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Arthritis Rheum. 2007 Apr;56(4):1295-303.

Clinical and immunogenetic features of patients with autoantibodies to asparaginyl-transfer RNA synthetase.

Author information

1
Department of Internal Medicine, Keio University School of Medicine, Tokyo, Japan, and Seoul National University Hospital, Korea. mhirakat@sc.itc.keio.ac.jp

Abstract

OBJECTIVE:

We have previously described anti-KS autoantibodies and provided evidence that they are directed against asparaginyl-transfer RNA (tRNA) synthetase (AsnRS). The aim of the present study was to identify patients with anti-AsnRS autoantibodies and elucidate the clinical significance of this sixth antisynthetase antibody. In particular, we studied whether it was associated with the syndrome of myositis (polymyositis or dermatomyositis [DM]), interstitial lung disease (ILD), arthritis, and other features that had been previously associated with the 5 other anti-aminoacyl-tRNA synthetase autoantibodies.

METHODS:

More than 2,500 sera from patients with connective tissue disease (including myositis and ILD) and controls were examined for anti-AsnRS autoantibodies by immunoprecipitation (IP). Positive and control sera were tested for the ability to inhibit AsnRS by preincubation of the enzyme source with the serum. The HLA class II (DRB1, DQA1, DQB1, DPB1) alleles were identified from restriction fragment length polymorphism of polymerase chain reaction-amplified genomic DNA.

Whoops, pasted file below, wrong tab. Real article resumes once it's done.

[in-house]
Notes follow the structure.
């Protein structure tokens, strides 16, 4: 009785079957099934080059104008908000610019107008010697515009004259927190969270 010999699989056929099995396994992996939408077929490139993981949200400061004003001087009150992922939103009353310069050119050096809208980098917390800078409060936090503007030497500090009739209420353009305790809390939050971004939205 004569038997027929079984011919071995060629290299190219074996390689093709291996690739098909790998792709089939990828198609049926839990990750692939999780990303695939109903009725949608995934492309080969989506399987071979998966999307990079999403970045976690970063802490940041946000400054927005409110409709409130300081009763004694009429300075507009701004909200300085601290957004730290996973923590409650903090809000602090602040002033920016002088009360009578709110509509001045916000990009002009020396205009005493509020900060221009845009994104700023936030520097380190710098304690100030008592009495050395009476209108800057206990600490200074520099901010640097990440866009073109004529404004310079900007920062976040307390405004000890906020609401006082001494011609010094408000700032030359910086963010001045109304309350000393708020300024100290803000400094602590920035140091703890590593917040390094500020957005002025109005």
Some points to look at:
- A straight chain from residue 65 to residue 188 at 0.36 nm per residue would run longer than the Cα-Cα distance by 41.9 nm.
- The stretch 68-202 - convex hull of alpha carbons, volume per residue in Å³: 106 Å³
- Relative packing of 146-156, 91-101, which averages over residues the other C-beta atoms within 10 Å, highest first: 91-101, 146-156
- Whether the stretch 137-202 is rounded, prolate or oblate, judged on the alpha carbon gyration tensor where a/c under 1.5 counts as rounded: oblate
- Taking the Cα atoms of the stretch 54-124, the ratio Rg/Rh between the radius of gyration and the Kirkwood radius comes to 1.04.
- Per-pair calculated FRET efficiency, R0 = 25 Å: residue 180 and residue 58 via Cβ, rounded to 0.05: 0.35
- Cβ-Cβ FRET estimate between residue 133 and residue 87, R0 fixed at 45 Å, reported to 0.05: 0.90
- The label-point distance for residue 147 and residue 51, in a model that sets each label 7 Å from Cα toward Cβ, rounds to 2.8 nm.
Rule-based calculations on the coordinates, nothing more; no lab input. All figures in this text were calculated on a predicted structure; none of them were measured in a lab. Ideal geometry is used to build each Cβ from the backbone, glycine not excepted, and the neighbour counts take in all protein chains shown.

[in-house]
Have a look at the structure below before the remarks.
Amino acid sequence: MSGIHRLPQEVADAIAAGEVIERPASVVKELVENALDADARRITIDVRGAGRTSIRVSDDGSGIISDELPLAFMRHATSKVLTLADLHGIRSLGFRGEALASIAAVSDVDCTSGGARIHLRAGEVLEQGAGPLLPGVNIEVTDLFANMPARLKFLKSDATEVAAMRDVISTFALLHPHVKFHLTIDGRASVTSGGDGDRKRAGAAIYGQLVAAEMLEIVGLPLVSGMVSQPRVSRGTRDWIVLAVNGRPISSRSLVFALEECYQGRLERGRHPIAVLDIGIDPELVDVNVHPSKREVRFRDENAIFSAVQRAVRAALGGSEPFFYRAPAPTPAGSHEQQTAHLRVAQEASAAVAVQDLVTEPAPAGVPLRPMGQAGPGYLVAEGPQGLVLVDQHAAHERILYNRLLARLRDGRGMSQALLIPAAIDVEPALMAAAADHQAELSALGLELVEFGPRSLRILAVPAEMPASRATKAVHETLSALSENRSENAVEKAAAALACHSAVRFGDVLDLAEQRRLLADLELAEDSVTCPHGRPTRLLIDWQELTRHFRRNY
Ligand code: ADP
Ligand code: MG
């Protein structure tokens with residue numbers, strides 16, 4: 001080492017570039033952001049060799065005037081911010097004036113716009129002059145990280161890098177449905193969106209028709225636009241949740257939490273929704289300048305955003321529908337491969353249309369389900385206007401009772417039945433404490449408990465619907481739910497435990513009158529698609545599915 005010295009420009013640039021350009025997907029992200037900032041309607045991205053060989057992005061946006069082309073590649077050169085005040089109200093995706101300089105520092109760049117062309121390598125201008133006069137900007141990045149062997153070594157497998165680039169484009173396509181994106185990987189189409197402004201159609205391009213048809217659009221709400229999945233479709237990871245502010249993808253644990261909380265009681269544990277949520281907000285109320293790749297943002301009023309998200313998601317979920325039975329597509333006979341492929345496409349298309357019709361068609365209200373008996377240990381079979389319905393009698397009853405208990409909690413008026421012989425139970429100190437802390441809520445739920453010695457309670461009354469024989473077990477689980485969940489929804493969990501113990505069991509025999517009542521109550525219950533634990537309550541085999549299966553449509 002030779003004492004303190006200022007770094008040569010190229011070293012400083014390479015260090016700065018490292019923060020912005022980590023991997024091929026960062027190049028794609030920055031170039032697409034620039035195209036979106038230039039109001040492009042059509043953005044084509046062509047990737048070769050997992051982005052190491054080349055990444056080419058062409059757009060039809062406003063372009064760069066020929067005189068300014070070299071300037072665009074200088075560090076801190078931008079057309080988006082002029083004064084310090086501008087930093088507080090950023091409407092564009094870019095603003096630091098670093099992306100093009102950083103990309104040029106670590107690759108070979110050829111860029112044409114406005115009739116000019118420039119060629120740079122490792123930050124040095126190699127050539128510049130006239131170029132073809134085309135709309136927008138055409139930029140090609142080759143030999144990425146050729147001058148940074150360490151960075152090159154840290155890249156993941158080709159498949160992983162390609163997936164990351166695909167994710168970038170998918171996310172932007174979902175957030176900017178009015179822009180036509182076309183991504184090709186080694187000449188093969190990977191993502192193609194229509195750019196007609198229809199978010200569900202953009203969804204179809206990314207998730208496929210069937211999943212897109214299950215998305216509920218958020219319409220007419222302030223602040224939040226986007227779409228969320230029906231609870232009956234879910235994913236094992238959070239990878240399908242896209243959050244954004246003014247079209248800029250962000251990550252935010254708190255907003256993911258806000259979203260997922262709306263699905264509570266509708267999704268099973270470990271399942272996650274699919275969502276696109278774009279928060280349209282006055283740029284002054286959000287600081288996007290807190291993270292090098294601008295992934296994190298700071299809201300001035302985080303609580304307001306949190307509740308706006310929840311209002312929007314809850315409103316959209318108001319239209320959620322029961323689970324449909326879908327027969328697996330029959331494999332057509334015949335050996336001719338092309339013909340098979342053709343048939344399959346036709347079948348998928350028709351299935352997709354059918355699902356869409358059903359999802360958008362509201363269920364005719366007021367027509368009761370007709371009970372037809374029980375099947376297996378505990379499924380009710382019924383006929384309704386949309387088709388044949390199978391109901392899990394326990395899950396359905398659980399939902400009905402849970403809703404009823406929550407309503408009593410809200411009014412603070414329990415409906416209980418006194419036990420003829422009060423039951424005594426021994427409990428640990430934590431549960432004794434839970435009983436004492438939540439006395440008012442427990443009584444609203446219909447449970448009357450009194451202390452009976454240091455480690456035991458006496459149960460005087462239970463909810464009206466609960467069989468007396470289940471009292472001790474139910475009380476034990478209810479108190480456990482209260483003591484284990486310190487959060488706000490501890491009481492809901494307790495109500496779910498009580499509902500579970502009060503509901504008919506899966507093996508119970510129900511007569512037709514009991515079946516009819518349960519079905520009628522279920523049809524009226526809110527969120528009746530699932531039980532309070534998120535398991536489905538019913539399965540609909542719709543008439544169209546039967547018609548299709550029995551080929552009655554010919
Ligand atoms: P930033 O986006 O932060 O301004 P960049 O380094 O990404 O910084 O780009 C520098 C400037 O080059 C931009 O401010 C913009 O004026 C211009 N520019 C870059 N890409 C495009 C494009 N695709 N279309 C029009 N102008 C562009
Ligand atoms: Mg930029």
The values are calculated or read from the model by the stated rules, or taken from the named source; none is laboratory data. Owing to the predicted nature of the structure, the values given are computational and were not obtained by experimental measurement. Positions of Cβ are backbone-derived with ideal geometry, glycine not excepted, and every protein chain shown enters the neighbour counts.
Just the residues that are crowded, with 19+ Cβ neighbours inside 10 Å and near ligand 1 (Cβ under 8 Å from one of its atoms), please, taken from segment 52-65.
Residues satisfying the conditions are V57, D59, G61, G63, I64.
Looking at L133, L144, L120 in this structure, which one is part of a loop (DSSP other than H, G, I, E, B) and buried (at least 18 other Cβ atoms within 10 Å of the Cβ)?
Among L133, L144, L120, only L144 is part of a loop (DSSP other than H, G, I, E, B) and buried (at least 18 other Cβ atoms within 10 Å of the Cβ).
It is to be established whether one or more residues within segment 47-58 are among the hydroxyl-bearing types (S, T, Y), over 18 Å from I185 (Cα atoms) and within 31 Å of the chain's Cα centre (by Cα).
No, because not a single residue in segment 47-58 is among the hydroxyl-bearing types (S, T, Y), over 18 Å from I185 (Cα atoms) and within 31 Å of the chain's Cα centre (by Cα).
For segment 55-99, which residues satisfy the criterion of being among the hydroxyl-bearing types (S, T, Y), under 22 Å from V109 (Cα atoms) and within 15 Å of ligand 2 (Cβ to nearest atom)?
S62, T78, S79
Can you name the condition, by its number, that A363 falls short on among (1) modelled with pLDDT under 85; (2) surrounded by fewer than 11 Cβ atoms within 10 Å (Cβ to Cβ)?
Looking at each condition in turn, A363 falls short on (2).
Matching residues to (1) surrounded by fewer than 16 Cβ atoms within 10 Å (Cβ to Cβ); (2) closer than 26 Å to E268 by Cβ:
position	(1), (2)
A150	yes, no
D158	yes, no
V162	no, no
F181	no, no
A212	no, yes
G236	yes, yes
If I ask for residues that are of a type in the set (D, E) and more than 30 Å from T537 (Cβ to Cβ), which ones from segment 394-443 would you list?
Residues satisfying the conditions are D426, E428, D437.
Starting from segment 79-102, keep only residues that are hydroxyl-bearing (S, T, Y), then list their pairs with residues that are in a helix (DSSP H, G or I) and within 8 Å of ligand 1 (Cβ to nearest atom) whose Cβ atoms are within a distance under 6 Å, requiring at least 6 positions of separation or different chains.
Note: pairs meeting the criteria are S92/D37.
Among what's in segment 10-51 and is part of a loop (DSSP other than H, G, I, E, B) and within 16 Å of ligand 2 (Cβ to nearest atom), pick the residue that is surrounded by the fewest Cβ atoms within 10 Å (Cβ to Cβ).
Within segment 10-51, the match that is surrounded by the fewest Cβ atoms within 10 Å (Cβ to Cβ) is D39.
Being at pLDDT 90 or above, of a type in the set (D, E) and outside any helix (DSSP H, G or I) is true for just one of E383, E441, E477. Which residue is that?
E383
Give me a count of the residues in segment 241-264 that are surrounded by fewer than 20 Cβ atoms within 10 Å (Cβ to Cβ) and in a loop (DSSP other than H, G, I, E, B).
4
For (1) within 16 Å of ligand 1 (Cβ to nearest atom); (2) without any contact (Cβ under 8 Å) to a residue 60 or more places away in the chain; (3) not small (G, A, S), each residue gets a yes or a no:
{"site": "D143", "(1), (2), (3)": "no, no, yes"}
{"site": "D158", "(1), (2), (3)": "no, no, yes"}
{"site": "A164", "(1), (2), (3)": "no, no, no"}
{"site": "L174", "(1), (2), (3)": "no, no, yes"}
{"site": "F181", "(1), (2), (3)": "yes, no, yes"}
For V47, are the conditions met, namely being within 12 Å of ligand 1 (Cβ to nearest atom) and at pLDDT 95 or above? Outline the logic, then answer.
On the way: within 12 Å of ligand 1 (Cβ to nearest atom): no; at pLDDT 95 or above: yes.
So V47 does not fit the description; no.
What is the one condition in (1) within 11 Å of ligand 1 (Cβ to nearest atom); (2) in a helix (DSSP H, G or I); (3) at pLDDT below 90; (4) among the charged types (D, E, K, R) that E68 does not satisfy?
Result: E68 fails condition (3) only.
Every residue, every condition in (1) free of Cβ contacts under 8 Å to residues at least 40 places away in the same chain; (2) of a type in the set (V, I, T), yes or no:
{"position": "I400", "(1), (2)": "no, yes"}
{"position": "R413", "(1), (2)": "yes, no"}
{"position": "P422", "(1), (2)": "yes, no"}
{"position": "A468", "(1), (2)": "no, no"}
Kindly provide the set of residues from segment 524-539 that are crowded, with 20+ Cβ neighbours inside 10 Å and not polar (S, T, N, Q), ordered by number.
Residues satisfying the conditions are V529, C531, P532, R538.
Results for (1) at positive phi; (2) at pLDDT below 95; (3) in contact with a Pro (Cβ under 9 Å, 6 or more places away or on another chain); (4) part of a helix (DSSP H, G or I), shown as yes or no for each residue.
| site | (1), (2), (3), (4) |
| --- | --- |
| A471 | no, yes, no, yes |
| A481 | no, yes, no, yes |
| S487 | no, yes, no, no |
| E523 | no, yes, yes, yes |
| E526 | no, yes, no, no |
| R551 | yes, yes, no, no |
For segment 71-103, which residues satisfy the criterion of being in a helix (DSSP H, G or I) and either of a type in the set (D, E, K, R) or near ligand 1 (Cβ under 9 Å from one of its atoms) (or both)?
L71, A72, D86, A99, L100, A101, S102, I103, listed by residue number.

RESULTS:

Anti-AsnRS antibodies were identified in the sera of 8 patients (5 Japanese, 1 American, 1 German, and 1 Korean) by IP of the same distinctive set of tRNA and protein that differed from those precipitated by the other 5 antisynthetases, and these antibodies showed specific inhibition of AsnRS activity. Two of these patients had DM, but 7 of 8 (88%) had ILD. Four patients (50%) had arthritis, and 1 had Raynaud's phenomenon. This antisynthetase was very rare among myositis patients (present in 0% of Japanese myositis patients), but it was found in 3% of Japanese ILD patients. Thus, most patients with anti-AsnRS had chronic ILD with or without features of connective tissue disease. Interestingly, all 4 Japanese patients tested had DR2 (DRB1*1501/1502), compared with 33% of healthy controls.

CONCLUSION:

These results indicate that anti-AsnRS autoantibodies, like anti-alanyl-tRNA synthetase autoantibodies, have a stronger association with ILD than with myositis and may be associated with the DR2 phenotype.

PMID:
17393393
DOI:
10.1002/art.22506
[Indexed for MEDLINE]
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